Monday, August 31, 2015

EUROPE - Migrant Humanitarian Crises

"Thousands of migrants journey through Macedonia, Serbia en route to Europe" PBS NewsHour 8/24/2015


SUMMARY:  In Europe, it's the summer of mass migration. Lindsey Hilsum of Independent Television News follows along as thousands of refugees from the Middle East and North Africa travel by train from Macedonia to Serbia, hoping to eventually reach Germany and other points north.

LINDSEY HILSUM, Independent Television News:  Night falls, but they keep on walking.  Only a few more yards, and they will have left Greece behind.  They will be in Macedonia.  By morning, they’re still walking.

Word has traveled back down the line:  Go to Gevgelija station.  Some have spent the night here.  They have seen worse places on their odyssey.  It’s dirty, but they do their best.  The Macedonians have managed to put order into chaos, despite the swelling numbers.  Syrians and others with small children are given priority.  Extra trains have been laid on to take them to the next border with Serbia.

It’s 110 miles away, a four-hour journey, easy compared to what they have been through before.  They have paid 10 euros per ticket, like any other passenger.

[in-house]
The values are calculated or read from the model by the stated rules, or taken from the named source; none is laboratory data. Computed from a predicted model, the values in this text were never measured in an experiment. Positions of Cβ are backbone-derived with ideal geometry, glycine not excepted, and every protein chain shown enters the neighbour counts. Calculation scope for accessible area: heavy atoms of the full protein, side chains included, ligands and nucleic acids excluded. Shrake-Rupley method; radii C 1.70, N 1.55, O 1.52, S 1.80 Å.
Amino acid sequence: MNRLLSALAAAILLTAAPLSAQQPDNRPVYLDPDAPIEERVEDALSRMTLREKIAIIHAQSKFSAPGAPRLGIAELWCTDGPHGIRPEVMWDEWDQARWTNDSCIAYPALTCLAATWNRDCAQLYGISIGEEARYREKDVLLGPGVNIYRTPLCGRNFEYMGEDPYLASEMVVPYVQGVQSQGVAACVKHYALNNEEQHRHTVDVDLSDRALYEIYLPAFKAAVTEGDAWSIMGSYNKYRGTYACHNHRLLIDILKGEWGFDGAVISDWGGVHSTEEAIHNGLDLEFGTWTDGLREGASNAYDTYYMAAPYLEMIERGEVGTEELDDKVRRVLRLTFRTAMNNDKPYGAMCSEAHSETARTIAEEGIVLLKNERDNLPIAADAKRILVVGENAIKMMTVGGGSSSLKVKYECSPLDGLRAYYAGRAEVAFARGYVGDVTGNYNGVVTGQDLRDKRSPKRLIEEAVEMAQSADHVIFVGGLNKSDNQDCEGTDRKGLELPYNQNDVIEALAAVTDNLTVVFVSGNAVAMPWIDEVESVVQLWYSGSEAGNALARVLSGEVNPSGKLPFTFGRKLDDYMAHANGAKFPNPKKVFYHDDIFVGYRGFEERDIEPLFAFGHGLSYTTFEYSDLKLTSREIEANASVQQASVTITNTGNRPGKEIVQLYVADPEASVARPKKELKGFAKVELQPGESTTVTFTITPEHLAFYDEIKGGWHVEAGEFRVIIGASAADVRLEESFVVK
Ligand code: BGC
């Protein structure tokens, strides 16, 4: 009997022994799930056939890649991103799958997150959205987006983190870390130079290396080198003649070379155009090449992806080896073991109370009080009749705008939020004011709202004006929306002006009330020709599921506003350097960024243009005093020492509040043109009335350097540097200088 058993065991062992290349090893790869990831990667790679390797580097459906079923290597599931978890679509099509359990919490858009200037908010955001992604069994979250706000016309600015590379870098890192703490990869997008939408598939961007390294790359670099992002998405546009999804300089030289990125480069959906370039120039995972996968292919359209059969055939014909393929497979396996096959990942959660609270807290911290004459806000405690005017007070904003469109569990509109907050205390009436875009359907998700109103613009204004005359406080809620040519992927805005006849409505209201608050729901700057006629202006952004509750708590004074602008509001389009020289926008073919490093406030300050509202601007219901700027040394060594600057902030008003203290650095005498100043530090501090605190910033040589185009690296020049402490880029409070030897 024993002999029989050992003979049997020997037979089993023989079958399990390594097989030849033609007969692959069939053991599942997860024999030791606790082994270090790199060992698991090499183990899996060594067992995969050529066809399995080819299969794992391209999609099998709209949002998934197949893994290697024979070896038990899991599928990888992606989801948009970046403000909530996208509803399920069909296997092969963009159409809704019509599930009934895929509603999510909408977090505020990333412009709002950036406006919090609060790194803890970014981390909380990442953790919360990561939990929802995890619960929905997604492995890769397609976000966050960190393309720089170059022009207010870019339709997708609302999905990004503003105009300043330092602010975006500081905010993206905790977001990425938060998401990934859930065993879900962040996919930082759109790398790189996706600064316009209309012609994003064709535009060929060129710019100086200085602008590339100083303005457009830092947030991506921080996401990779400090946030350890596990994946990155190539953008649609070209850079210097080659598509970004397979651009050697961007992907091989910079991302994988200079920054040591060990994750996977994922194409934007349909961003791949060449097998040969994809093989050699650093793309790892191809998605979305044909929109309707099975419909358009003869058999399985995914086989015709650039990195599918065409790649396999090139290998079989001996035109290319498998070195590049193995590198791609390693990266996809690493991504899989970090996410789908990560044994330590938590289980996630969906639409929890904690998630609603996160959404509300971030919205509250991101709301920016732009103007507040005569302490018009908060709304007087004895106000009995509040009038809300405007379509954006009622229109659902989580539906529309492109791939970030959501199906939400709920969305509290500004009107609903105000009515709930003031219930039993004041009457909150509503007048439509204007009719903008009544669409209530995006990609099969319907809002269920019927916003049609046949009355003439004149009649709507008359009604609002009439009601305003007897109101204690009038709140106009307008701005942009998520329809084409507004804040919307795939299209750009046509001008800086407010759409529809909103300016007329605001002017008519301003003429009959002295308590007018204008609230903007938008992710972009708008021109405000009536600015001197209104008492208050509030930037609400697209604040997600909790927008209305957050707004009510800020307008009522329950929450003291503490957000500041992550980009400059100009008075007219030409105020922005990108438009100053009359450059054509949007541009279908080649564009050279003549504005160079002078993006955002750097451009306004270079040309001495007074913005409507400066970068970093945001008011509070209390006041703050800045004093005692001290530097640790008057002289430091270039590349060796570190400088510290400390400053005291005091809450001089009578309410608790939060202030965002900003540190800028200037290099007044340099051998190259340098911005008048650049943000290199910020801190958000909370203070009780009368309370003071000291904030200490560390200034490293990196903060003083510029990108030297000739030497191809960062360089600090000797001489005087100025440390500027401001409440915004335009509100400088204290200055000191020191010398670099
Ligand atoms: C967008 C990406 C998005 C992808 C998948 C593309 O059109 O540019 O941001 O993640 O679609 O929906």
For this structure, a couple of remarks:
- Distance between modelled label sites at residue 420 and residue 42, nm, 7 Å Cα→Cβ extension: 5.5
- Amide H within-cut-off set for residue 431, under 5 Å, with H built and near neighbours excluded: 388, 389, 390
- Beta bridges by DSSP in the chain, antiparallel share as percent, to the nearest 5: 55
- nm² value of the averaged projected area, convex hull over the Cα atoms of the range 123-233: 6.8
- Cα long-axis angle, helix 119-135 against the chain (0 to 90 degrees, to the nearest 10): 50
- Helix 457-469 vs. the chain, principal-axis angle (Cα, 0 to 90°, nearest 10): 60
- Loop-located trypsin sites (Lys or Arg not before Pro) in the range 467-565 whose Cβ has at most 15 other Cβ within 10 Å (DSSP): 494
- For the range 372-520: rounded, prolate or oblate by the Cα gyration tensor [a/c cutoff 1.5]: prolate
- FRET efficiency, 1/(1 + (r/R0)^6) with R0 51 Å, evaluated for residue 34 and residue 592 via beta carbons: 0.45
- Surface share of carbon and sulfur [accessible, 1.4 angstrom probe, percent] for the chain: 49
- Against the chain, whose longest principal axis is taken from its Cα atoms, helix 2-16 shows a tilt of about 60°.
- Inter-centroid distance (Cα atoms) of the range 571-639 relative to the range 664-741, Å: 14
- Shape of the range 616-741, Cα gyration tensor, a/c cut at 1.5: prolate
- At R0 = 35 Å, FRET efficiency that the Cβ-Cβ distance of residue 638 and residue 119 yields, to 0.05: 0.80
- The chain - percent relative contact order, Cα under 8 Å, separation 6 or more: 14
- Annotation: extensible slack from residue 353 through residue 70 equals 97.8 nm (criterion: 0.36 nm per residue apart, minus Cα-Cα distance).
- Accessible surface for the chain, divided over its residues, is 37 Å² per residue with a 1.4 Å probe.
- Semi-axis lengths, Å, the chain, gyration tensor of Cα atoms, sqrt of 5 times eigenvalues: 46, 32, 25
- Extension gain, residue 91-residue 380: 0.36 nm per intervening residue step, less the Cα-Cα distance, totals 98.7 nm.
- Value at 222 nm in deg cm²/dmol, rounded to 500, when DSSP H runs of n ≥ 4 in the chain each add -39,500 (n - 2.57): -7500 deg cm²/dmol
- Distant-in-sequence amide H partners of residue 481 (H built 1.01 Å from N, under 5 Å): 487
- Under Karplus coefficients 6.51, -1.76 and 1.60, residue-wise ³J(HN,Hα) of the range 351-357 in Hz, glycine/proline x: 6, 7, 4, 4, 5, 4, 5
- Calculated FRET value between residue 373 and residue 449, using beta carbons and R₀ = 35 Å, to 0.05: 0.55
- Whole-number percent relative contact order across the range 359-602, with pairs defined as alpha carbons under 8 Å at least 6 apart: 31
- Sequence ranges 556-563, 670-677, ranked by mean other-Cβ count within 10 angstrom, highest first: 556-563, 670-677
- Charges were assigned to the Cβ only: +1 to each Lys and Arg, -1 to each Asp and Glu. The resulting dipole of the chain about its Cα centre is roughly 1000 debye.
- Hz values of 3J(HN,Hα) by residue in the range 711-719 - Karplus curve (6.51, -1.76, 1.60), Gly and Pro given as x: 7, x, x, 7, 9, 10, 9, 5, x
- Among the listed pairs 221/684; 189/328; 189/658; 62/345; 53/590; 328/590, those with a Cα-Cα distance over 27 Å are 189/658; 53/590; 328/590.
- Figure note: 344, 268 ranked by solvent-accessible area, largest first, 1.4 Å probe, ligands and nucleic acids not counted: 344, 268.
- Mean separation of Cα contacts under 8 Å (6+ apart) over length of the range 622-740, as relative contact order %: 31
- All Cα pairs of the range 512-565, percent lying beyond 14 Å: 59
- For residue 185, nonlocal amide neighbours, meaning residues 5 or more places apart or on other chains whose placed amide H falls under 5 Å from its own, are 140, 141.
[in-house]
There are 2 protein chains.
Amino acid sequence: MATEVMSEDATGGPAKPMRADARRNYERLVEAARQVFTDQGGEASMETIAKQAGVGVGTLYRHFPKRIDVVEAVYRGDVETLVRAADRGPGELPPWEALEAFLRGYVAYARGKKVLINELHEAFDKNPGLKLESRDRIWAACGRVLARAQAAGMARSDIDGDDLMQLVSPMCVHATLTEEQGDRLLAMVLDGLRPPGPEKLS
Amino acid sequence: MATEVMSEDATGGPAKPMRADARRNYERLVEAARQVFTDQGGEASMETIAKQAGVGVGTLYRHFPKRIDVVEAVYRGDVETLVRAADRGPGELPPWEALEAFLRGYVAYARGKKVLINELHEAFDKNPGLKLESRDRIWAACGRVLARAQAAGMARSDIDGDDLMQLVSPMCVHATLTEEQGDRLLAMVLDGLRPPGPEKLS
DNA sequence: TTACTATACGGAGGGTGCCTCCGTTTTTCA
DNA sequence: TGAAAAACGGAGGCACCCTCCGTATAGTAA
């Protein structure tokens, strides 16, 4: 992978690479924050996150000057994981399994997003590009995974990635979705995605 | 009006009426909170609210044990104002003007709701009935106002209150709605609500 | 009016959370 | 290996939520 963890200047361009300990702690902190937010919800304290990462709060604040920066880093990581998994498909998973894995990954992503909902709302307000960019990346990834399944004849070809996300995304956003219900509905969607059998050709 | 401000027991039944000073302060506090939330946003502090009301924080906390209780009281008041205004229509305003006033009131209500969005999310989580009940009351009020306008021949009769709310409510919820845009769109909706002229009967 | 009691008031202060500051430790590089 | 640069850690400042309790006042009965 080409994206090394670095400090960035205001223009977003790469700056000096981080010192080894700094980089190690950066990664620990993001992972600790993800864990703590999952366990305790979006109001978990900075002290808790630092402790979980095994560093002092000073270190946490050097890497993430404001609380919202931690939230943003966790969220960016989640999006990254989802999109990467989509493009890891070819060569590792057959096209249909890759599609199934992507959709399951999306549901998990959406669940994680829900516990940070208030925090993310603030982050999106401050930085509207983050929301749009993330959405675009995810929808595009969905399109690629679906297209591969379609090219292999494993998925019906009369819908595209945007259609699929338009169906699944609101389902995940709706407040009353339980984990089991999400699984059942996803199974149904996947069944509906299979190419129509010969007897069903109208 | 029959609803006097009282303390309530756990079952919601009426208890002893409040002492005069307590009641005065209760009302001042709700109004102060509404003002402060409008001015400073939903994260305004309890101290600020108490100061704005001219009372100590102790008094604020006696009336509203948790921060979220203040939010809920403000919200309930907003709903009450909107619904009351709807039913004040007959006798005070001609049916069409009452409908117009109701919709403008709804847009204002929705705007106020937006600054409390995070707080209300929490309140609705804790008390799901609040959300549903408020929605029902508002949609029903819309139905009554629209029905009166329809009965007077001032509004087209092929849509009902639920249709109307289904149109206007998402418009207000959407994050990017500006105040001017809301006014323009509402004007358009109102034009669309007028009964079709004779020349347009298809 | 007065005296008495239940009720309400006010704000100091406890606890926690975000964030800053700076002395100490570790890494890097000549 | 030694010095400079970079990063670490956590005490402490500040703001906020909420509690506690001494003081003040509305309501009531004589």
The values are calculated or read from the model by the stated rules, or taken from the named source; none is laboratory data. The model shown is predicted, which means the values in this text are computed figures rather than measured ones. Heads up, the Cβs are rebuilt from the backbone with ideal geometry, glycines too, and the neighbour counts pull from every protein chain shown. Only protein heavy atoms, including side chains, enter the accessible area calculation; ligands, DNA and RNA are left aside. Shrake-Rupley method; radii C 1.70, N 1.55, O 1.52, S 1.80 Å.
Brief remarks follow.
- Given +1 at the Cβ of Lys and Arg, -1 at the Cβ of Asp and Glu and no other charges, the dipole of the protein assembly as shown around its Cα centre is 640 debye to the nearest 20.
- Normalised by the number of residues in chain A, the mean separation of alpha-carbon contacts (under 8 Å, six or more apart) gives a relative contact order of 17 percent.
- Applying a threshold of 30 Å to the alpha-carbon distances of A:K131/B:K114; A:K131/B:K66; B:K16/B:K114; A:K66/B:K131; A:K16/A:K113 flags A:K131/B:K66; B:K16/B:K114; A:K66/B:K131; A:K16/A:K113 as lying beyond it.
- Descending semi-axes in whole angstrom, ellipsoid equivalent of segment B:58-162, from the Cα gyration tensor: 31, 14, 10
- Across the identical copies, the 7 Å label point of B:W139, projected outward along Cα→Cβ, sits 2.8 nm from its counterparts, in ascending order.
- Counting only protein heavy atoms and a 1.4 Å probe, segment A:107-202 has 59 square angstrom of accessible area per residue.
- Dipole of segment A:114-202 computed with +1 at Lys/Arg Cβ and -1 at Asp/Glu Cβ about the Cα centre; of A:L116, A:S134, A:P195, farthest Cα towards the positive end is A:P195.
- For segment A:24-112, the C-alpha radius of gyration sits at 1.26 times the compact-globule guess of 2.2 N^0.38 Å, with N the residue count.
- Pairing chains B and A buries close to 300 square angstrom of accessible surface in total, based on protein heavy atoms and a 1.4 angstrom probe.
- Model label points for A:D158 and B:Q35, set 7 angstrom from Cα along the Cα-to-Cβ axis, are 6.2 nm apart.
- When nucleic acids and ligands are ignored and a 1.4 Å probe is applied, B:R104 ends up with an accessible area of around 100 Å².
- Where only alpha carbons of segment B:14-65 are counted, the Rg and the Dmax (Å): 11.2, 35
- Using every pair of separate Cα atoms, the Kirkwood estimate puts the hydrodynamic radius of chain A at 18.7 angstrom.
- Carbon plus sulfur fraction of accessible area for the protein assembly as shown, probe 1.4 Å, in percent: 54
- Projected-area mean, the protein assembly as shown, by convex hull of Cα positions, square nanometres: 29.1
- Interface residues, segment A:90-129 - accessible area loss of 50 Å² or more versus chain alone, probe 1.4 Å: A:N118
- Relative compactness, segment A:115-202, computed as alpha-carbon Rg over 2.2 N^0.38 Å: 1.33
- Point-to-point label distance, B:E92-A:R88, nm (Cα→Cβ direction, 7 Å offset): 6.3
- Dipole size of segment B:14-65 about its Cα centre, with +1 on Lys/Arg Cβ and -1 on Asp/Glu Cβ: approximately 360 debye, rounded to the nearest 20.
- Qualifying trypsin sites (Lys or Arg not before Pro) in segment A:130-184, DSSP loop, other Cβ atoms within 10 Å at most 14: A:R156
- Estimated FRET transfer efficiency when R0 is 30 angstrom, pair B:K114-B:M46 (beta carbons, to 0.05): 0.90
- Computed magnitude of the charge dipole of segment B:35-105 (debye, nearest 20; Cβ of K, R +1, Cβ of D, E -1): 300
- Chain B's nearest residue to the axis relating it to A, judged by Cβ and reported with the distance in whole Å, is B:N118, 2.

Where are you from?

MAN:  I’m from Syria.

LINDSEY HILSUM:  From Syria?  From which place?

MAN:  Aleppo, Afrin.

LINDSEY HILSUM:  From Aleppo and Afrin, from Afrin.

The U.N. High Commission for Refugees says 7,000 traveled to Serbia this past weekend.  Many people on this train are going from Syria to Germany, so they’re about halfway through their journey.  And this is the point where they’re full of hope.  They’re on the move.  They think they have left the worst behind them.

Germany has said it will take 800,000 people this year.  That’s a lot, but there are many more trains behind this one.  They can’t take everyone and there are thousands more people on the way.  Some are fleeing Aleppo and Bashar al-Assad, others Raqqa and Da’esh, the Islamic State.  What difference does it make?

MAN:  Hard situation in Syria, no power, no water, no Internet, no any help for us.  We can’t stay in Syria.  The — Bashar al-Assad attack us every day, morning, every time, our baby so afraid of light and sound.

LINDSEY HILSUM:  Of the bombs, of the sounds?

MAN:  Of bombs and of the guns every day, every day.  So we left.

"How should Europe deal with its deluge of refugees?" PBS NewsHour 8/25/2015


SUMMARY:  A surge of refugees hit Hungary’s southern border this week, many fleeing the war in Syria.  Most of the refugees are seeking asylum in Northern Europe.  Gwen Ifill talks to David Miliband, CEO of the International Rescue Committee, about how nations are handling the refugee crisis.

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